In the entry for the West Fitchburg Methodist Church, I found a citation for an article in the Fitchburg Sentinel on May 12, 1883.

As classes were winding down during my spring semester, I went to the college library and grabbed the microfilm spool for that year and started cuing up that issue of the Sentinel.

Fig. 1: An article dated 05/12/1883 about the dedication and completion of the West Fitchburg Methodist Church
I took the time to transcribe the article and found some very useful and interesting information about the church as well as the dedication ceremony.

The church edifice cost about $11,000 and more than $3,500 was donated by manufacturers from the West Fitchburg area as well as other residents in Fitchburg.
The land was given by Crocker, Burbank & Co. and the pulpit furniture was given by J.M. Valentine of New York City.
Some out-of-town donations included $150 given by a man named Jared Whitman who used to live in Fitchburg but had moved to Pasadena, California; another was $125 from persons connected with the Akron Knife Works at Akron, Ohio who also were previously residents of West Fitchburg. (I found these two donations to be the most interesting of the article.)

As for the construction of the building:

Carpenter work: S.G. Magill and finished by Francis F. Farrar
Mason work: S.S. & G.A. Lawrence
Stone work: Daniel O'Connor and F.A. McCauliff
Painting: Edward Pickwick
Frescoing: Theodore W. Arnold
Plumbing: George Robbins & Co.
Slating: William Edwards
Lumber: C.A. Priest
Two furnaces came from the store of C.M. Converse
Chandeliers were purchased from N.W. Turner in Boston

The Dedication Ceremony:

Participants in the church service included:

Rev. Dr. Daniel Dorchester, Presiding Elder of the North Boston District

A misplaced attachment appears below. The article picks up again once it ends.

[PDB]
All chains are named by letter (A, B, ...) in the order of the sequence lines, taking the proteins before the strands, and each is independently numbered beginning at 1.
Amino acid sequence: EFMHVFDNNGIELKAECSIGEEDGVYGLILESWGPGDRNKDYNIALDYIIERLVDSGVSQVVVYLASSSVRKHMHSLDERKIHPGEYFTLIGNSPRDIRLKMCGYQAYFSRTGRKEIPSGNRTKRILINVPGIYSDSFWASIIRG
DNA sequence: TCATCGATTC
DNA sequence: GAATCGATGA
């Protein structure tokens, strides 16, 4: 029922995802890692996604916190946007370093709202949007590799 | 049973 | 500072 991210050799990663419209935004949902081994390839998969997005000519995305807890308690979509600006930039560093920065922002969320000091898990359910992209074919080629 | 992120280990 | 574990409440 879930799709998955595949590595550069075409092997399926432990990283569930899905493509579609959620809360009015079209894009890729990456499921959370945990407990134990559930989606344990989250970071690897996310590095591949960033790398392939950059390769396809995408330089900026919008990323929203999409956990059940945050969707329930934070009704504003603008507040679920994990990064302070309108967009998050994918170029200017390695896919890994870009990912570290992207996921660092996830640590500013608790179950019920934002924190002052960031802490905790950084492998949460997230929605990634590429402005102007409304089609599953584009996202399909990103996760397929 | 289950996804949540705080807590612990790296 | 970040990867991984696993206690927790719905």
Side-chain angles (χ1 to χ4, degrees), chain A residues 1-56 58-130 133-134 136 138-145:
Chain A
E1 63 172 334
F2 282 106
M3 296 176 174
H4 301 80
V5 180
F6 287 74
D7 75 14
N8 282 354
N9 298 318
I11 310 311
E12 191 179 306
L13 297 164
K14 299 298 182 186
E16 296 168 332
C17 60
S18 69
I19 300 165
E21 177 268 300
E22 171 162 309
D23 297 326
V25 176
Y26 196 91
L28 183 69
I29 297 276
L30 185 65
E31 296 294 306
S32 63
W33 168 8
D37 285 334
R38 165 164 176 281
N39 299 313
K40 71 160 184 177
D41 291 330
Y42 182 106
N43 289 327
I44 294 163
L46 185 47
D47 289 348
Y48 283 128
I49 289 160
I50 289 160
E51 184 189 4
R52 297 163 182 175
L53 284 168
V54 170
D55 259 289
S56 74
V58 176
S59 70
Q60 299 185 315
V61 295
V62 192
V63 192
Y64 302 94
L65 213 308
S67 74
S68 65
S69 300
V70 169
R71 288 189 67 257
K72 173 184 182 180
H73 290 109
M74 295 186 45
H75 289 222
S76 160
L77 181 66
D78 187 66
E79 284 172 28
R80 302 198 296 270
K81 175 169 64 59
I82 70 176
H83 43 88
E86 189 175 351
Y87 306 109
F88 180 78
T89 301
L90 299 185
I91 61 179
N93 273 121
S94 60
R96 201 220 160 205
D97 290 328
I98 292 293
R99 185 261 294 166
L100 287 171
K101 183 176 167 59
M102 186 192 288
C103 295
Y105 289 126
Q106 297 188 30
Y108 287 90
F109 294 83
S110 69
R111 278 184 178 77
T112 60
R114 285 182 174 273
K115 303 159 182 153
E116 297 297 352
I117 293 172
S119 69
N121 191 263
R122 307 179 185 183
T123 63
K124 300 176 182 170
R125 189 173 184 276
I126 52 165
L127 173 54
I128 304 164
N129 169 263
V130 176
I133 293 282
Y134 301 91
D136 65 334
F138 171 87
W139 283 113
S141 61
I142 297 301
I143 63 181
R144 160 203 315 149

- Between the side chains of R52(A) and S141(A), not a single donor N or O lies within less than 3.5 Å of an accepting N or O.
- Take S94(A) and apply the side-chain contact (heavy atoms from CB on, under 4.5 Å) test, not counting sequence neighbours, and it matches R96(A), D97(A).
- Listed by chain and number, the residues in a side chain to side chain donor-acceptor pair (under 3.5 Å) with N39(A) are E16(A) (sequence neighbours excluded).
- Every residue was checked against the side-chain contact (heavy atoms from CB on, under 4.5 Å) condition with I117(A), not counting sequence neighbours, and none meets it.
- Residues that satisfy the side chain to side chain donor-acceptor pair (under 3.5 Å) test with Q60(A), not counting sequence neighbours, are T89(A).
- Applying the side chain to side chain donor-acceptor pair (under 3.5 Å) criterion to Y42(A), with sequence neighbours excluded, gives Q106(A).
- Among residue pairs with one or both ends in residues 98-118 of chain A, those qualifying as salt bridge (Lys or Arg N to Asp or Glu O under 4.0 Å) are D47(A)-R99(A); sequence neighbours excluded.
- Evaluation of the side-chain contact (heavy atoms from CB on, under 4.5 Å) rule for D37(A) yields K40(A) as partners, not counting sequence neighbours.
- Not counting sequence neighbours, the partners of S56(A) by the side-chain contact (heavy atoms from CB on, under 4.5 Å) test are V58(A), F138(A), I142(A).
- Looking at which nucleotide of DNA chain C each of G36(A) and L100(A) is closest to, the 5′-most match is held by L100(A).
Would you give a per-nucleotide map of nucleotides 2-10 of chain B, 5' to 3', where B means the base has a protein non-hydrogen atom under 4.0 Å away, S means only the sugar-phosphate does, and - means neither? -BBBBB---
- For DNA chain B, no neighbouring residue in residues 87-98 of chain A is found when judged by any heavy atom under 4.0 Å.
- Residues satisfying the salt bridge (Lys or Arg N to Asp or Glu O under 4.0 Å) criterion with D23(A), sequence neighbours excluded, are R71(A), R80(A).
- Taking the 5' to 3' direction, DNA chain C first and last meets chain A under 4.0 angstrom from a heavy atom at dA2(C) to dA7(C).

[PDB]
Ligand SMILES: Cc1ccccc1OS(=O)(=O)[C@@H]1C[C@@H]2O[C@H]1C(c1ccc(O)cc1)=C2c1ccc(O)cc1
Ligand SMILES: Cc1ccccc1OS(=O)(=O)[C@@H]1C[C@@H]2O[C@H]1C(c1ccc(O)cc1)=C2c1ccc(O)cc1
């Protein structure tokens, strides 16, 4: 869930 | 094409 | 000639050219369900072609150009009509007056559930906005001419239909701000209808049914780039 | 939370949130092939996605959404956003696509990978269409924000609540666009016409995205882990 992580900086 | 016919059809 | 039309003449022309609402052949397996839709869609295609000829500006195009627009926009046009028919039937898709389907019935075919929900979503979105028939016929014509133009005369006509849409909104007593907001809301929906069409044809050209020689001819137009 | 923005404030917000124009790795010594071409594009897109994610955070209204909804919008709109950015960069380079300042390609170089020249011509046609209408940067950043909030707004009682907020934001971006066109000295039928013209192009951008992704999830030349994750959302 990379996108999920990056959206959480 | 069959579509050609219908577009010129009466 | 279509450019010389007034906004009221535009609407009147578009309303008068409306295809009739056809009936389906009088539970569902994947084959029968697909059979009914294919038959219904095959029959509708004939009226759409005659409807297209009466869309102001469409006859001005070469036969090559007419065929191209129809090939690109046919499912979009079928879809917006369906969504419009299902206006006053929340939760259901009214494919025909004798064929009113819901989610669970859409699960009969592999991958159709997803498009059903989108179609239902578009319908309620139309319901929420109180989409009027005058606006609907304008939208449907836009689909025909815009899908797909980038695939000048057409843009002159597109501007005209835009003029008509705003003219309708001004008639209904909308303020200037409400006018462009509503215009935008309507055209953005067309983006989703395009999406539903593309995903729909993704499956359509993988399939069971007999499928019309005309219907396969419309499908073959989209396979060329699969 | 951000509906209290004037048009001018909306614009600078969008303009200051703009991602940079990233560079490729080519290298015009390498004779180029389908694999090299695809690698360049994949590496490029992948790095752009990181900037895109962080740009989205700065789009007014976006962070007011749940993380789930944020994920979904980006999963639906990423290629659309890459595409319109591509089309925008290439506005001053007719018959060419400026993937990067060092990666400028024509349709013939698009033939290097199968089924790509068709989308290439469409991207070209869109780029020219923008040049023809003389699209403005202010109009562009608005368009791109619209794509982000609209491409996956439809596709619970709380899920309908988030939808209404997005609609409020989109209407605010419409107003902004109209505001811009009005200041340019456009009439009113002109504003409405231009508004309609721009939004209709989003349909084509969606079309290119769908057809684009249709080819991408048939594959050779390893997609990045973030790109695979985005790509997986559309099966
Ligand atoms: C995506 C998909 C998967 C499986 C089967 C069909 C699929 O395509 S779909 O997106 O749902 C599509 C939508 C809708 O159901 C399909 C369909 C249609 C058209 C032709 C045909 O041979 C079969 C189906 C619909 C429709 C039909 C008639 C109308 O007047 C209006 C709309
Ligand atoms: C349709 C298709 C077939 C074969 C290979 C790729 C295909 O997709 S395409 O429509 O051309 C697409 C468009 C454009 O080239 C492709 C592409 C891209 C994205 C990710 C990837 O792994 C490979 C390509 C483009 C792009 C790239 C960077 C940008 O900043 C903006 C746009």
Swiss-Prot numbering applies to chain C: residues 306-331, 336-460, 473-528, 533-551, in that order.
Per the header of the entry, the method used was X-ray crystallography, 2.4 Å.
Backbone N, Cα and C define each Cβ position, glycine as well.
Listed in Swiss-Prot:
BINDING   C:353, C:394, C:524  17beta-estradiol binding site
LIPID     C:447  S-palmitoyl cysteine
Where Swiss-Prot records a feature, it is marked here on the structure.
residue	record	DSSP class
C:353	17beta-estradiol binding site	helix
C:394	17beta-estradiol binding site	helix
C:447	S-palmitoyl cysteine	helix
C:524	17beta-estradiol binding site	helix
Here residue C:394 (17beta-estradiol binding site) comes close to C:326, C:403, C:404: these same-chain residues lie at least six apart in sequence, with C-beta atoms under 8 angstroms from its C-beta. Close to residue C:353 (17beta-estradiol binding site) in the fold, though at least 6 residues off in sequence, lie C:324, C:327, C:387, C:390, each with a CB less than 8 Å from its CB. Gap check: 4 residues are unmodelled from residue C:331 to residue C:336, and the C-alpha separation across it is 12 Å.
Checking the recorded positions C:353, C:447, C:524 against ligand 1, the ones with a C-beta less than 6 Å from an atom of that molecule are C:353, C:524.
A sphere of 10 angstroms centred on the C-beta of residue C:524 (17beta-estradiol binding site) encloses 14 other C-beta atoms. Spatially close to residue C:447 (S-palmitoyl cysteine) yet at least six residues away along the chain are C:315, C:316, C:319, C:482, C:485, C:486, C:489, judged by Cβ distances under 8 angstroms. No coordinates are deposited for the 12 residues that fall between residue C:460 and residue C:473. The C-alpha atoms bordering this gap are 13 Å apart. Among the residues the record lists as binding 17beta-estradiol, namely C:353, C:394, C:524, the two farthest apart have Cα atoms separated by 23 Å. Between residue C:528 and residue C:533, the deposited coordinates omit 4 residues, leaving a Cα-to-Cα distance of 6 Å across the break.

Rev. Dr. J.H. Twombly of Gardner
W.J. Pomfret of Fitchburg
Rev. O.A. Brown, pastor of the Bromfield Street church of Boston
W.W. Colburn of Boston Highlands
W.B. Toulmin of Leominster
A. Gould of Clinton
W.A. Nottage of Townsend
C.A. Merrill of Winchendon

The article also mentioned that at the conclusion of a sermon read by Rev. Brown the congregation began a responsive reading of Psalm 122 and the singing of the Doxology before the benediction.

Fig. 2: Photo of the West Fitchburg Methodist Church (now Hue Lam Meditation Temple)(photo courtesy of

One of the many benefits from detailed newspaper articles like this is the abundance of names and companies that shed more light on individual actors and benefactors to community efforts. As time goes on, sometimes these people are forgotten and evade our sense of historical memory. When families uproot and leave their homes and settle in new ones, the memories of their passions and actions can sometimes only be found in newspaper articles and footnotes in historical artifacts.

Tuesday, May 24, 2011

President Roosevelt Comes to Town

(This post is part of a series about my research of Fitchburg architect H.M. Francis)

Arcadia Publishing puts out wonderful local history books with photographs of bygone eras, famous residents and former hotspots.
After perusing the Fitchburg edition of this series, I zeroed in on a photograph of President Theodore Roosevelt on a train, leaving Fitchburg.

Fig. 1: Pres. Teddy Roosevelt waves to crowd as he leaves Fitchburg on 09/02/1902.
The caption in the book read: